Monday, 21 May 2012


Two different branches of the simmons design tree with the same basic ideas within them but a different application.

It's interesting how influential Richard Kenvin and his championing of Simmon's ideas has been over the last few years in terms of board design outside the thruster realm. Although you could argue that the recent trend to shorter wider thrusters has some roots here also!

Before Kenvin's original simmons replicas no one was really using the concepts Simmons came up with all those years ago, with the possible exception of the hull crews and whilst related, they are very much a different type of craft. Since then, more and more shapers are offering some kind of take on the concept.

Take these two, both definately directly inspired by Kenvin but neither direct copies of the original "casper"

On the left is a 5'2 Tyler Warren Bar of Soap. The shape originally came from Tyler making a small version of the original "casper" mini-simmons for the daughter of his father's friend. It came out so well, he kept the first and made her another! Hands down the favorite board i've owned to date. It has the chracteristic short wide mini sim style but with the wide point pulled aft of center, snub nosed with a wide tail block. It's stringerless with two very wide based keels which owe more to a conventional keel fish than the half moon simmons style. The bottom contours are the classic simmons bellied entry into flat but through the fins theres vee and deep double concave (spiral vee if i remember correctly!) The rails are soft in the front third but pretty hard through the fins and pretty thinned out.  In the water it's fast and lively, very responsive, probably best described as a fish with afterburners. I've overtaken people who've dropped in on me on this one on more than one occasion. Although it's still a lateral style board it's looser off the top and goes more vertical more easily than the other mini sims i've ridden.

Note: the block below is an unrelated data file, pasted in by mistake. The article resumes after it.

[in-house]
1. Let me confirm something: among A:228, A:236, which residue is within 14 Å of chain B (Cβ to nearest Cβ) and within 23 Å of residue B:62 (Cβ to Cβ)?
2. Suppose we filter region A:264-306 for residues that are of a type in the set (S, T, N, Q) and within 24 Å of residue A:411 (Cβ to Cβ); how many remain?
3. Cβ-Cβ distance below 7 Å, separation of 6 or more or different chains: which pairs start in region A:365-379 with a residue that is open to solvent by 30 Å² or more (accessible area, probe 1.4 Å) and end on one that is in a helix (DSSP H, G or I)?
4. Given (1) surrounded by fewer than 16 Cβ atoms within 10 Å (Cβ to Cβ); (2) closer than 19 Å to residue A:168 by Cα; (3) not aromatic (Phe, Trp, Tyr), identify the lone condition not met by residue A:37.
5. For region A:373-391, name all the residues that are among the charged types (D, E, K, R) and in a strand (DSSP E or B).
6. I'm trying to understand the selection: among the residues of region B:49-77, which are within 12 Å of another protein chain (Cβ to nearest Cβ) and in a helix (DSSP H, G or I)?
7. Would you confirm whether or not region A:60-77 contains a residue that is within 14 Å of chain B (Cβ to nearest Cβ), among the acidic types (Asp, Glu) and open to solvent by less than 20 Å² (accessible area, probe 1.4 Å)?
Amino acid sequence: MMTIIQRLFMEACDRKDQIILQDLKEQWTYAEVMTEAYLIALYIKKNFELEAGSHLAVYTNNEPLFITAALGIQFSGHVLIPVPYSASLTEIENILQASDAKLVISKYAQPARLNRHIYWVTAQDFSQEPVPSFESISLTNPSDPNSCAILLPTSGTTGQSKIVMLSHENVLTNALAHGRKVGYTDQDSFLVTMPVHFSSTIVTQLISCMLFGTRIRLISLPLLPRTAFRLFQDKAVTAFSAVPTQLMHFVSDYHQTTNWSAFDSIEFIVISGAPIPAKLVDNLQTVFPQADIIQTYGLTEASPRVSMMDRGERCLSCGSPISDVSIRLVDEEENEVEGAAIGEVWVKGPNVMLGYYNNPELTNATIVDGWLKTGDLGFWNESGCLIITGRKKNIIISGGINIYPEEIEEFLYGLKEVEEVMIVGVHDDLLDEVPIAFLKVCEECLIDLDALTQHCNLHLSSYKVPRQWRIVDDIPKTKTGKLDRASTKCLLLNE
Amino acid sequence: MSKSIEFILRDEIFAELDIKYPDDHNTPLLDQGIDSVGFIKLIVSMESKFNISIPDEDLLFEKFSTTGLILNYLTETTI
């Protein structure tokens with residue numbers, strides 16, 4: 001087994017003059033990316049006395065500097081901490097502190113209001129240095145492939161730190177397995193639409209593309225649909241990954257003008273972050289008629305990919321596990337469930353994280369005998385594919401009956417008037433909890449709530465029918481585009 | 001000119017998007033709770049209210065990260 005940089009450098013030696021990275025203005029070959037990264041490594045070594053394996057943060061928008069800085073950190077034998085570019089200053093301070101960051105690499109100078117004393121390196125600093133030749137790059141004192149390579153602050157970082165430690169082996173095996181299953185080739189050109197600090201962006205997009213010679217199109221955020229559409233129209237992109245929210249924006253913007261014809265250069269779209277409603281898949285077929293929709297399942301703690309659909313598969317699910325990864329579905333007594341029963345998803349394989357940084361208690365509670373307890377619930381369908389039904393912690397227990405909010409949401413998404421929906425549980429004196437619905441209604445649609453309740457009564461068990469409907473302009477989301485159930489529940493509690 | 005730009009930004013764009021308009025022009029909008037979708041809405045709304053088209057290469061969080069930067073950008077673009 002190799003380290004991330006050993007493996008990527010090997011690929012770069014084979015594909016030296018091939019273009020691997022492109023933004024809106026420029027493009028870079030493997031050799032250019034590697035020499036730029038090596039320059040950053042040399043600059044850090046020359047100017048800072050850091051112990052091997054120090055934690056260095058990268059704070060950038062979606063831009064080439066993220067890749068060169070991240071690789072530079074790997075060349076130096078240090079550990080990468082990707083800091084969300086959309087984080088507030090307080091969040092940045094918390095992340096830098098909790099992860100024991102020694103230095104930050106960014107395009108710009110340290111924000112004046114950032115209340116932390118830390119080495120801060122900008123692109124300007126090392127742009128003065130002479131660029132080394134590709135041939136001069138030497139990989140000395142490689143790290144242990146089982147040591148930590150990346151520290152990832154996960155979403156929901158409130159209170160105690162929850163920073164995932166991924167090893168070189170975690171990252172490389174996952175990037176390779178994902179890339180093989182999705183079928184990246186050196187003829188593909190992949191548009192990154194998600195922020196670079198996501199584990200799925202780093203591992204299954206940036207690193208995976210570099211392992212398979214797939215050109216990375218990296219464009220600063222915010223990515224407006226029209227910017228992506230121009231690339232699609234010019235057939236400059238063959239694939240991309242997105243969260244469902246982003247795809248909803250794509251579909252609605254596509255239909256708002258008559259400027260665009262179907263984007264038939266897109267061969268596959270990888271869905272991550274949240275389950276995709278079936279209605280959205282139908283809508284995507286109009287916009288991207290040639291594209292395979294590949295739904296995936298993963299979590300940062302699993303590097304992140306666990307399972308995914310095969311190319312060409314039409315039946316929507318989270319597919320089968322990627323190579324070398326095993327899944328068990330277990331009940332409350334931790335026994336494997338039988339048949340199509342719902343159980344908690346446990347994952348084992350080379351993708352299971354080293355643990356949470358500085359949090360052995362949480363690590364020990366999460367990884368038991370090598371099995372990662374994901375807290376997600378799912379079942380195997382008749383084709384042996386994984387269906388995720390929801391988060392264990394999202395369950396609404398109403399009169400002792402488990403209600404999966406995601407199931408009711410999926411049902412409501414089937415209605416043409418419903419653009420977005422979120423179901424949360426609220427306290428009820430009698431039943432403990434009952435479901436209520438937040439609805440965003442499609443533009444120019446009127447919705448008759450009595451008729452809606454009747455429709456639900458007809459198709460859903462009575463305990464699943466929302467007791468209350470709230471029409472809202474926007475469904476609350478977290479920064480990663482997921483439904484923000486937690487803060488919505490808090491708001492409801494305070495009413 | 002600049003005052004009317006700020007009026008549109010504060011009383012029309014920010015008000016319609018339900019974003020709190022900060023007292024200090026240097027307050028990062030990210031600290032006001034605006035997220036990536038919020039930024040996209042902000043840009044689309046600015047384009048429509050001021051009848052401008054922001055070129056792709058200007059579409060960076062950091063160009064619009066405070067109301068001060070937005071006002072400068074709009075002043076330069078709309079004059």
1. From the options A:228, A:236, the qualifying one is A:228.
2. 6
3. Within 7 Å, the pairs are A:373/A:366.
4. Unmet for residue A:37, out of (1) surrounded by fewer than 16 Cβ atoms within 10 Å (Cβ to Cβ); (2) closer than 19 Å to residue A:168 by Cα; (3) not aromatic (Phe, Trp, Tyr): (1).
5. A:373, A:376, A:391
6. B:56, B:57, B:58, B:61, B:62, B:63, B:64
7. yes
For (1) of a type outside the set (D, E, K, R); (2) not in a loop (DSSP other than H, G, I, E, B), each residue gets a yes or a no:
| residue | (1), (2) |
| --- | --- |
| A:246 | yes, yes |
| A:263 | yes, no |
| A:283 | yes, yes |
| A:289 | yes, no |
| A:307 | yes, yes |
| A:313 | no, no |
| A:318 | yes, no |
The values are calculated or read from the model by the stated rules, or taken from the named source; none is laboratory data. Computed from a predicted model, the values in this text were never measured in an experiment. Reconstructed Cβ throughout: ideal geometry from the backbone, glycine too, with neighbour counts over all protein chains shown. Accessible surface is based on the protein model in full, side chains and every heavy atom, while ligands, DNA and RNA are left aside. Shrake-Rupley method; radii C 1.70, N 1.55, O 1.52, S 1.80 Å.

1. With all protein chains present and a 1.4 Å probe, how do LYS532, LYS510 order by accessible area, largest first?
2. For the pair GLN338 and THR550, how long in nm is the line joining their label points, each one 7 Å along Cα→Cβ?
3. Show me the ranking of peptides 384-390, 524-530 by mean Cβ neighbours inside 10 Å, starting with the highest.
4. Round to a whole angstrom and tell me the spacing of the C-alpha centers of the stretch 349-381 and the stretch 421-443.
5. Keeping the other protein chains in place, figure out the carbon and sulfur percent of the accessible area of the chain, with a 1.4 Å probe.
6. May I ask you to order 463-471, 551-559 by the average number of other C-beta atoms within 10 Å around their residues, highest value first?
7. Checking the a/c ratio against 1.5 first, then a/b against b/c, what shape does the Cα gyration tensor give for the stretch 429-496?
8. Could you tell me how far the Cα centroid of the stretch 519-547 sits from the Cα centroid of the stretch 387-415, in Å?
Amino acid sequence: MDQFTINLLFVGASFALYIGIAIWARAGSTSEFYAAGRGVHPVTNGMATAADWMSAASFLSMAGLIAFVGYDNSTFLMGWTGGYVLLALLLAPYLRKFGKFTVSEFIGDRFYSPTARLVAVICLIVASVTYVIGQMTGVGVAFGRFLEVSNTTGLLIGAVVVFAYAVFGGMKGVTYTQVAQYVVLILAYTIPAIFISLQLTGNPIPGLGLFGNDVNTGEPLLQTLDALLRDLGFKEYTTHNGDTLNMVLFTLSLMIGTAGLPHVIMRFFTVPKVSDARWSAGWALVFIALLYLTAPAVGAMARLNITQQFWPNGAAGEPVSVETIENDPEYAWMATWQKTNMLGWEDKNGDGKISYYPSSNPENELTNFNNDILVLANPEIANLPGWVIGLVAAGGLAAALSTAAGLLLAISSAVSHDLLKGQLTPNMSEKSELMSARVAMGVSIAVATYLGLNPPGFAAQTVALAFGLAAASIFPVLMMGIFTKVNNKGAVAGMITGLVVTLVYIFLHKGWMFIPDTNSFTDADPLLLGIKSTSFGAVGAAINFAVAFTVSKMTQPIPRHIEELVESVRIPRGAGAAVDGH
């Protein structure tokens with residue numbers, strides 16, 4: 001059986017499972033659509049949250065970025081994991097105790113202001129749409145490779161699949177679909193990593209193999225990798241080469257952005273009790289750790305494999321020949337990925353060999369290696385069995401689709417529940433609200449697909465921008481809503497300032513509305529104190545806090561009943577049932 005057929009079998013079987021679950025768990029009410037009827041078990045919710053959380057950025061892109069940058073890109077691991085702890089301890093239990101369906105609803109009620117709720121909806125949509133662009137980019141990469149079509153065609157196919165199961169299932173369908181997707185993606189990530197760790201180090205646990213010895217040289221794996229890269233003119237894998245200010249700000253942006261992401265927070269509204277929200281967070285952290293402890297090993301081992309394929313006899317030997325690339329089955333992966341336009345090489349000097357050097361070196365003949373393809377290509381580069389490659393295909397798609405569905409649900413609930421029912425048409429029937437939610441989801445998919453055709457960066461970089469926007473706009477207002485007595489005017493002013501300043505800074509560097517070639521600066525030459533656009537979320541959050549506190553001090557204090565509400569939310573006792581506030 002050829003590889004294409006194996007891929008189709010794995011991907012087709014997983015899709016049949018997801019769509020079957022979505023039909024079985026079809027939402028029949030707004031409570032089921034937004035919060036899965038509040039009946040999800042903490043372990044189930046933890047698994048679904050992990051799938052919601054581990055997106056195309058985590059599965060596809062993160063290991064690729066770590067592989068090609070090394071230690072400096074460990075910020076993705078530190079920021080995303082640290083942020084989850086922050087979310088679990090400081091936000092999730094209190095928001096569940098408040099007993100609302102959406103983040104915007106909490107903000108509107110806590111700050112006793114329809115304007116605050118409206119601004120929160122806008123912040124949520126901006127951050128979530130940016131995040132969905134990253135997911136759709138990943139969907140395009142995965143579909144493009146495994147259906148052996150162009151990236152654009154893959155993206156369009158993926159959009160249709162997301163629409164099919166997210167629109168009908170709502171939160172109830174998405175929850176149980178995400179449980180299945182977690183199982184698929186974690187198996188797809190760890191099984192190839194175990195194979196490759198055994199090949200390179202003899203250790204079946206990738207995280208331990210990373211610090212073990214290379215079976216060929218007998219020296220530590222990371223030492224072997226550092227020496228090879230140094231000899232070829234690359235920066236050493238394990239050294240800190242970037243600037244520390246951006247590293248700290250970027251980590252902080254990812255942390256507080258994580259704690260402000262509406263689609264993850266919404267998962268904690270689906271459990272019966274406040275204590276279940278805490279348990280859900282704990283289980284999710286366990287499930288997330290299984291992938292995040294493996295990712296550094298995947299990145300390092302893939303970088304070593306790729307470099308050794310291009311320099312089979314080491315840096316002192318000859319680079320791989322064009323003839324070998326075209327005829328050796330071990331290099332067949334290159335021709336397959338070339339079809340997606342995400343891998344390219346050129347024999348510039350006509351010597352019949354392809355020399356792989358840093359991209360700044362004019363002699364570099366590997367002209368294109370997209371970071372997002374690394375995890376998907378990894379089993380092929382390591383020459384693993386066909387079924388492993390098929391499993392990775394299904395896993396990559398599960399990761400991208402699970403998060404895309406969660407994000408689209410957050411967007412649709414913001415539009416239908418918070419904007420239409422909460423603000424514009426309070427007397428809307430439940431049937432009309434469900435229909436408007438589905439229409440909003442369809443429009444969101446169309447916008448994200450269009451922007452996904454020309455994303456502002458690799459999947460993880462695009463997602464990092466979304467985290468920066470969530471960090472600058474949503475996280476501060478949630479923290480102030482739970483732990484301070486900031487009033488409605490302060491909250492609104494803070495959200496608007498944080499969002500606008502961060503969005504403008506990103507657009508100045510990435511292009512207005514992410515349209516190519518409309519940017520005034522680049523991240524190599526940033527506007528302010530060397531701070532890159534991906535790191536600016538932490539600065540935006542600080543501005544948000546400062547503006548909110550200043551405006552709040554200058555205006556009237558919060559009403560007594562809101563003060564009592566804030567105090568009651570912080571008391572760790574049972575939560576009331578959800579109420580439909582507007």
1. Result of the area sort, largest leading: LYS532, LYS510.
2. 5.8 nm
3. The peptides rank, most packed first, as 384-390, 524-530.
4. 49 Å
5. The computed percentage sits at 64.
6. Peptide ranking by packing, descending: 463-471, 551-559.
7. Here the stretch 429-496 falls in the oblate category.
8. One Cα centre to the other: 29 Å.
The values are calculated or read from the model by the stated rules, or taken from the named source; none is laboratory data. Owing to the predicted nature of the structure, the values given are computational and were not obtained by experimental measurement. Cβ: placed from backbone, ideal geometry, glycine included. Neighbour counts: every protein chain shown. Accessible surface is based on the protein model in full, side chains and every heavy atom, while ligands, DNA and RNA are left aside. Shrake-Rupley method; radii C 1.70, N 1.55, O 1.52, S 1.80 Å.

On the right is a 5'6 Jeff McCallum Mford. Named after Jeff's tattooist mate Milford Barnes, he asked Jeff to make a board that felt like floating on a cloud (allegedy - it's unclear how many ales had been consumed at this point!) Jeff is credited with making the second ever mini simmons and is part of the same san diego surf scene that spawned kenvin. This board takes the bottom contour and the rails of the simmons but marries it to a template based on Greenough's velo kneeboards with a widepoint forward and a narrower tail block. The fins are quad half moon keels and the deck is concave. The rails are softer and rounder than the soap but still follow the same high to low shape. Bottom shape is still bellied entry but very quickly goes flat for most of the board with a medium single concave through the fins. In the water it's more idiosyncratic to surf, smoother and more flowing through the water, more lateral, more hull notes in there. It's wider and a bit flatter and goes better (brilliantly) in junk waves.

There are lots more variations on these ideas out there. Mccallum himself makes at least two other shapes based on the simmons idea, Royal makes his Simzers, Baugess makes copies of the original casper and bing, zamora and christenson all have versions. Unfortunately hardly anyone over here has jumped on board although dale walker and Tim Mason have been making some, steve croft at empire has his lumus model (a bonzerised quad version) and Nineplus have one in their new Hasu range thats out soon . It's only a matter of time before more shapers do, they are superbly suited to our regularly average waves and a whole heap of fun!

1 comment:

Anonymous said...

Greg Eavey/Eavey Rider has been producing quite a few classic style mini simmons the past few years, theyve caught on quite well thru word of mouth and people letting their mates try theirs out in the lineup. As you said immensely fun even in marginal surf which is what both sides of the pond generally get. Nice to see shops able to sell more than a thruster or LSP lazy man thruster.
great entry! Jettyholic

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